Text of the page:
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Steam Stationary Engines, Traction Engines, Steam Boats

Shipman Steam Engine Boiler


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  #1  
Old 09-07-2011, 06:33:44 PM
Sam Shublom Sam Shublom is offline
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Default Shipman Steam Engine Boiler

I was at Mount Pleasant last weekend and found this in the swap tent. It is a Shipman "porcupine" type boiler. I believe this one was made for marine use as it is on a cast iron base by itself and not on a base with an engine as most stationary Shipman's were. It is in pretty good shape considering it is over 100 years old. I just did a hydro test on it and found only one leaking tube...toward the bottom as would be expected. I doesn't look like it would take to much to get it going. The tubes or "quills" screw into the water leg and have an oddball taper thread (not NPT) but I think I can cut it on my lathe.

It has most of the Shipman automatic features still on it..burner, burner regulator and the water column cutoff float. Here are some photos of it and some pictures from my Shipman file. I thought the casing was galvanized at first, but further inspection shows it to be nickel plated copper. It is lined with genuine asbestos and not the safe stuff they make you use nowadays. Hopefully I can dispose of it and replace it with fiberglass without contracting mesothelioma! I would like to find about a 2 x 3 upright to go with it.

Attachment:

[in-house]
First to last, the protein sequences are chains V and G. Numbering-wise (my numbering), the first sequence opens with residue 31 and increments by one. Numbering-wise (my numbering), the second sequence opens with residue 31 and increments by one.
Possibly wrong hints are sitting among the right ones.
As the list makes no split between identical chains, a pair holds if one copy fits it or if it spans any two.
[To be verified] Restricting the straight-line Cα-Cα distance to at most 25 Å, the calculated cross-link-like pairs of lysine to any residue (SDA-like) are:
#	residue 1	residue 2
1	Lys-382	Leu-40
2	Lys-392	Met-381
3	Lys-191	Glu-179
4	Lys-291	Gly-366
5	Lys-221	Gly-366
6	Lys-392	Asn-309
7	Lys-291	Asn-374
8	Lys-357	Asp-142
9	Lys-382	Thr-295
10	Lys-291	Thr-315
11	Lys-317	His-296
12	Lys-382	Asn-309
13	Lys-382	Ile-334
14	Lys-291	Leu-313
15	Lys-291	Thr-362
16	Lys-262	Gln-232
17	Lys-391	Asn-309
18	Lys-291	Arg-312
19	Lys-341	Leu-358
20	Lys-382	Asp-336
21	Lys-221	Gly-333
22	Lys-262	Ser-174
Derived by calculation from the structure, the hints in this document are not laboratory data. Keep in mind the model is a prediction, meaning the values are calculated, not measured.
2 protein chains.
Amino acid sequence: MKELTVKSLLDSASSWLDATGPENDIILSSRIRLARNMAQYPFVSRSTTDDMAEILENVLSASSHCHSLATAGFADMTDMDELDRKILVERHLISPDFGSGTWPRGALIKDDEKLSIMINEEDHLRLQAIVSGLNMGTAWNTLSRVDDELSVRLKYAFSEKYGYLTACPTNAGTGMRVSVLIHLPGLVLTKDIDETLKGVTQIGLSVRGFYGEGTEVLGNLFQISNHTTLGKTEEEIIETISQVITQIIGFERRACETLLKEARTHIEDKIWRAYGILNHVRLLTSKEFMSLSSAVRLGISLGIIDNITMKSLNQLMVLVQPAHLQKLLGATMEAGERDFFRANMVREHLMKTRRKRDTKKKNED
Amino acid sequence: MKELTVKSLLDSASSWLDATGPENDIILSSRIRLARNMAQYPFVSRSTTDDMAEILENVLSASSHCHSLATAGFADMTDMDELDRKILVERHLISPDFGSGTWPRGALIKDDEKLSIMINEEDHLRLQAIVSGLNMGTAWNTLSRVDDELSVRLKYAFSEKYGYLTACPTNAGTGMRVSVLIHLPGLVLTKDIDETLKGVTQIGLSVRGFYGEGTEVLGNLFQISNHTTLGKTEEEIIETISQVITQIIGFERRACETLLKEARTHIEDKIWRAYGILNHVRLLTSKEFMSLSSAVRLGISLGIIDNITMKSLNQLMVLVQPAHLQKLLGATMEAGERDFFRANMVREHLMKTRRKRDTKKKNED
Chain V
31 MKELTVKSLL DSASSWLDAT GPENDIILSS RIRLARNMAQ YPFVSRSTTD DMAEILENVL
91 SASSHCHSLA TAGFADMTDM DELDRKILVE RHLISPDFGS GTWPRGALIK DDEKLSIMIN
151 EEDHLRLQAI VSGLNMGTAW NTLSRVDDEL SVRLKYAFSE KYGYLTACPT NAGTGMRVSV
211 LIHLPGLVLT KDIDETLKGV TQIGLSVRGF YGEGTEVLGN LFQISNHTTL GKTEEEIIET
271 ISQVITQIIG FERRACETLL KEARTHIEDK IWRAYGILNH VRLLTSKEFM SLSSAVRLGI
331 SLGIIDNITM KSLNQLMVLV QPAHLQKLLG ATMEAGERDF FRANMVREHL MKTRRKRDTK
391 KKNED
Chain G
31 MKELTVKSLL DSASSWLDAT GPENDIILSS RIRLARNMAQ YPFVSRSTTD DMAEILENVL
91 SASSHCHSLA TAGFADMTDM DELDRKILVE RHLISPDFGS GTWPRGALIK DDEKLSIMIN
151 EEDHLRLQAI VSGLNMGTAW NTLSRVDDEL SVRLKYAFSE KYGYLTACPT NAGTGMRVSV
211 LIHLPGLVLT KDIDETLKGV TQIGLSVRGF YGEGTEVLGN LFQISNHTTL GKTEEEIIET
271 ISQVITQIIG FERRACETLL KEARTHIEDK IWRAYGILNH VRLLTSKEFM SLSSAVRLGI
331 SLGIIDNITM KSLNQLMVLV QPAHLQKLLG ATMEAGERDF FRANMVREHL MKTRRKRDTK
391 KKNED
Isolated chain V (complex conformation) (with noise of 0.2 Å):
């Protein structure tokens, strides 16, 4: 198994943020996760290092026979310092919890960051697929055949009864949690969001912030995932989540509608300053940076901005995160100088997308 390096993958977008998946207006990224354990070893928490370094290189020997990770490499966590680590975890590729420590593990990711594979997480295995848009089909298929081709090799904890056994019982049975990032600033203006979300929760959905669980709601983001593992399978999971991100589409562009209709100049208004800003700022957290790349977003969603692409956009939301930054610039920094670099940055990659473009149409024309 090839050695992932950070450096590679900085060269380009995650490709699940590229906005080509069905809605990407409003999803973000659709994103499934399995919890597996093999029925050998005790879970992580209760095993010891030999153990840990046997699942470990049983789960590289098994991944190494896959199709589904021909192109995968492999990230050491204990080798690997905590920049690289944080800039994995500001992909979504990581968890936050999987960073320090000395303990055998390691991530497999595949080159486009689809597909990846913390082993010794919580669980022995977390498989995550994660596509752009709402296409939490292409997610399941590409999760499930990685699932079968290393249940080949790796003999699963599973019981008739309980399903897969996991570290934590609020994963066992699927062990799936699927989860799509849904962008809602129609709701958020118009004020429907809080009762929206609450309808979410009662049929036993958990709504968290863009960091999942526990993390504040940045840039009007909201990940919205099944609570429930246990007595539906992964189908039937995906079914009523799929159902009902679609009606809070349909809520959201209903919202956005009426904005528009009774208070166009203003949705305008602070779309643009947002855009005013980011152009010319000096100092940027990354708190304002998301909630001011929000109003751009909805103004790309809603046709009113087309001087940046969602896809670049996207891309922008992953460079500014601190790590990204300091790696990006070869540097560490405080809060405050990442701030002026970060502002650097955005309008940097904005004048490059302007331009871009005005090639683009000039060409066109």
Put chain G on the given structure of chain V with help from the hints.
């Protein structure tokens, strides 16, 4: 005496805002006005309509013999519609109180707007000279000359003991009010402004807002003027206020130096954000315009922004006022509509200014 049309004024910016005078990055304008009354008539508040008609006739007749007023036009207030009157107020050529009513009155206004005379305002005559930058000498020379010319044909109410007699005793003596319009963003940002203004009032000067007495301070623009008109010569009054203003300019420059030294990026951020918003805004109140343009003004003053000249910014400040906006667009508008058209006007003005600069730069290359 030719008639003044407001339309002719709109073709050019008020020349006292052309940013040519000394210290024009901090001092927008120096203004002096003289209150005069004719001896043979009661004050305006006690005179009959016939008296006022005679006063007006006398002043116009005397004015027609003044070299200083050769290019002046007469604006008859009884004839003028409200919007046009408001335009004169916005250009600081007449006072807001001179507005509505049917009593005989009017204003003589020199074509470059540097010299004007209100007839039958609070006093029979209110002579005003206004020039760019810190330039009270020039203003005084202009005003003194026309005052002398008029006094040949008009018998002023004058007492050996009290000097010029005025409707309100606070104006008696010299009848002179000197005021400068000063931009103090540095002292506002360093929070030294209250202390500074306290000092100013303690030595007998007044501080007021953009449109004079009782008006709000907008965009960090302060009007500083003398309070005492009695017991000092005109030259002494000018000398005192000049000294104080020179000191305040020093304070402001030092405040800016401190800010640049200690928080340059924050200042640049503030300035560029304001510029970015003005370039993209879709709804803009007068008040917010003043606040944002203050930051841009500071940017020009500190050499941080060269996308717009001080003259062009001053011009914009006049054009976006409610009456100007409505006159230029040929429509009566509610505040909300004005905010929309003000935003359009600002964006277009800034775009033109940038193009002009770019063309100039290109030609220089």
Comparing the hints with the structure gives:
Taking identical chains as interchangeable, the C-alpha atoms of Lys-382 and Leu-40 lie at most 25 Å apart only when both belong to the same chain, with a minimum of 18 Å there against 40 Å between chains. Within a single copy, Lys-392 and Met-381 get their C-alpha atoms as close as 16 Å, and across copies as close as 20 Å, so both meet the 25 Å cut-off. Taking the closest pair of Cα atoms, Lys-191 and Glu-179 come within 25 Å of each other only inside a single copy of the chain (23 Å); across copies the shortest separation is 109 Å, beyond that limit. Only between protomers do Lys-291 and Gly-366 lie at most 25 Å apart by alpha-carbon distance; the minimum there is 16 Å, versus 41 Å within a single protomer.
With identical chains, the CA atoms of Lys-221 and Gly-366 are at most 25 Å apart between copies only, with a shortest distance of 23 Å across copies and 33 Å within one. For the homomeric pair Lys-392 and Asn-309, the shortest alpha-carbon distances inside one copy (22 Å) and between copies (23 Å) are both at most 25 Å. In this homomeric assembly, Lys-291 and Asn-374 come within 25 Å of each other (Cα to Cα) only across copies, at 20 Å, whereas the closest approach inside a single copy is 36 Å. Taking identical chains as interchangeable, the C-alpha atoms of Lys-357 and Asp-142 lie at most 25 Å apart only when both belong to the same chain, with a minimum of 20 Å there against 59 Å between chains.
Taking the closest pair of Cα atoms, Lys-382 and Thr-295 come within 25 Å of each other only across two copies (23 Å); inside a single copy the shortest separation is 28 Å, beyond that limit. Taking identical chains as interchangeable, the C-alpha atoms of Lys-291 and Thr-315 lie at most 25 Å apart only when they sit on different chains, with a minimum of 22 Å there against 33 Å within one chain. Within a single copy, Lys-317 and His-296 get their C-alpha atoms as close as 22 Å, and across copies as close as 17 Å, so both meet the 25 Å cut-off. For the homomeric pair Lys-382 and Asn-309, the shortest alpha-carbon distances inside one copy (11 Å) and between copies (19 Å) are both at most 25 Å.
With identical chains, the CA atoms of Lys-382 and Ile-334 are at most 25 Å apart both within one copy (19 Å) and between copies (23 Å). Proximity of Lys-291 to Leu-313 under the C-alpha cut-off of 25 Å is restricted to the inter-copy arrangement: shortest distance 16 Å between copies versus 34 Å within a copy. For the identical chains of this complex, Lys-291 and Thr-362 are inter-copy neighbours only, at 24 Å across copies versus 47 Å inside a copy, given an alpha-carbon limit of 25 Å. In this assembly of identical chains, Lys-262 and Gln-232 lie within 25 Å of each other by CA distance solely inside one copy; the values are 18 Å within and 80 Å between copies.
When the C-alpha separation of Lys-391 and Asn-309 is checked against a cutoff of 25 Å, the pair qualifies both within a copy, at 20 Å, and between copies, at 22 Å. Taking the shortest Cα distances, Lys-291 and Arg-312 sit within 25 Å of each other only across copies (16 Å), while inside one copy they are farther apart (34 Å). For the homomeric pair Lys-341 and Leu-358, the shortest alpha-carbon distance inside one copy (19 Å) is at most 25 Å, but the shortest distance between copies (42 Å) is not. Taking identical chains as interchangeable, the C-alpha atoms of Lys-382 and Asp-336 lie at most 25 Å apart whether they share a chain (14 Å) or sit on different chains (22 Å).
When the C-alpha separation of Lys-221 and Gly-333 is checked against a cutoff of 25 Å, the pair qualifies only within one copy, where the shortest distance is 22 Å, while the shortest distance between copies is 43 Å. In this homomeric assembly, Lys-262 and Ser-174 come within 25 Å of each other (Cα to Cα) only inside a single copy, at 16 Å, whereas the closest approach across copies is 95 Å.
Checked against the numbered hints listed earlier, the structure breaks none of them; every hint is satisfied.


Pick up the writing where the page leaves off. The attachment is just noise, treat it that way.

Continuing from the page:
Anyone else have one of these boilers or engine/boiler combination?





---------- Post added at 05:33 PM ---------- Previous post was at 05:29 PM ----------


Shipman at the New England Wireless and Steam Museum




Shipman Catalog Cut

Last edited by Sam Shublom; 09-07-2011 at 06:42:02 PM. Reason: .
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Old 09-07-2011, 07:15:59 PM
Joe K Joe K is offline
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Default Re: Shipman Steam Engine Boiler

Shipmans are a very neat setup. Entirely self regulating. Burned kerosene. Not too keen on those threaded in tubes and cast iron header, however. Nevertheless, I've never heard of one coming loose or blowing off.

This is the so called "Boston" model. The Rochester was an entirely different animal. Round like a drum IIRC. And the earlier shipmans were even more different. There is a couple of good write ups on the 'net on all of these. Scientific American, Manufacturer and Builder. Used to be found at the "making of America" treasury at Cornell.

There is some write up on the Shipman self regulating feature (and a cut away version pix of the machine - why do they always want to cut away a perfectly useful machine?) at the Smithsonian book "Feedback Mechanisms" by Otto Mayer. Used to be on the 'net in Google Books. Try googling it.

There is a pix of the 1 hp shipman in one of Kenneth Cope's machine tool books. Shipman was first a woodworking tool builder and only came to steam engines a bit later. It might be his "Footpowered machinery" book which is a little difficult to find now. I'm not sure that Astragal Press still prints that one.

Anyway, you're very lucky. Even to have it sit there if you don't dare trust those tubes.

Keep your eye out for a small crosby pressure gauge. perhaps 4" in diameter.

Joe
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Old 09-07-2011, 07:32:14 PM
Sam Shublom Sam Shublom is offline
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Default Re: Shipman Steam Engine Boiler



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Old 09-07-2011, 07:41:36 PM
Boatbum Boatbum is offline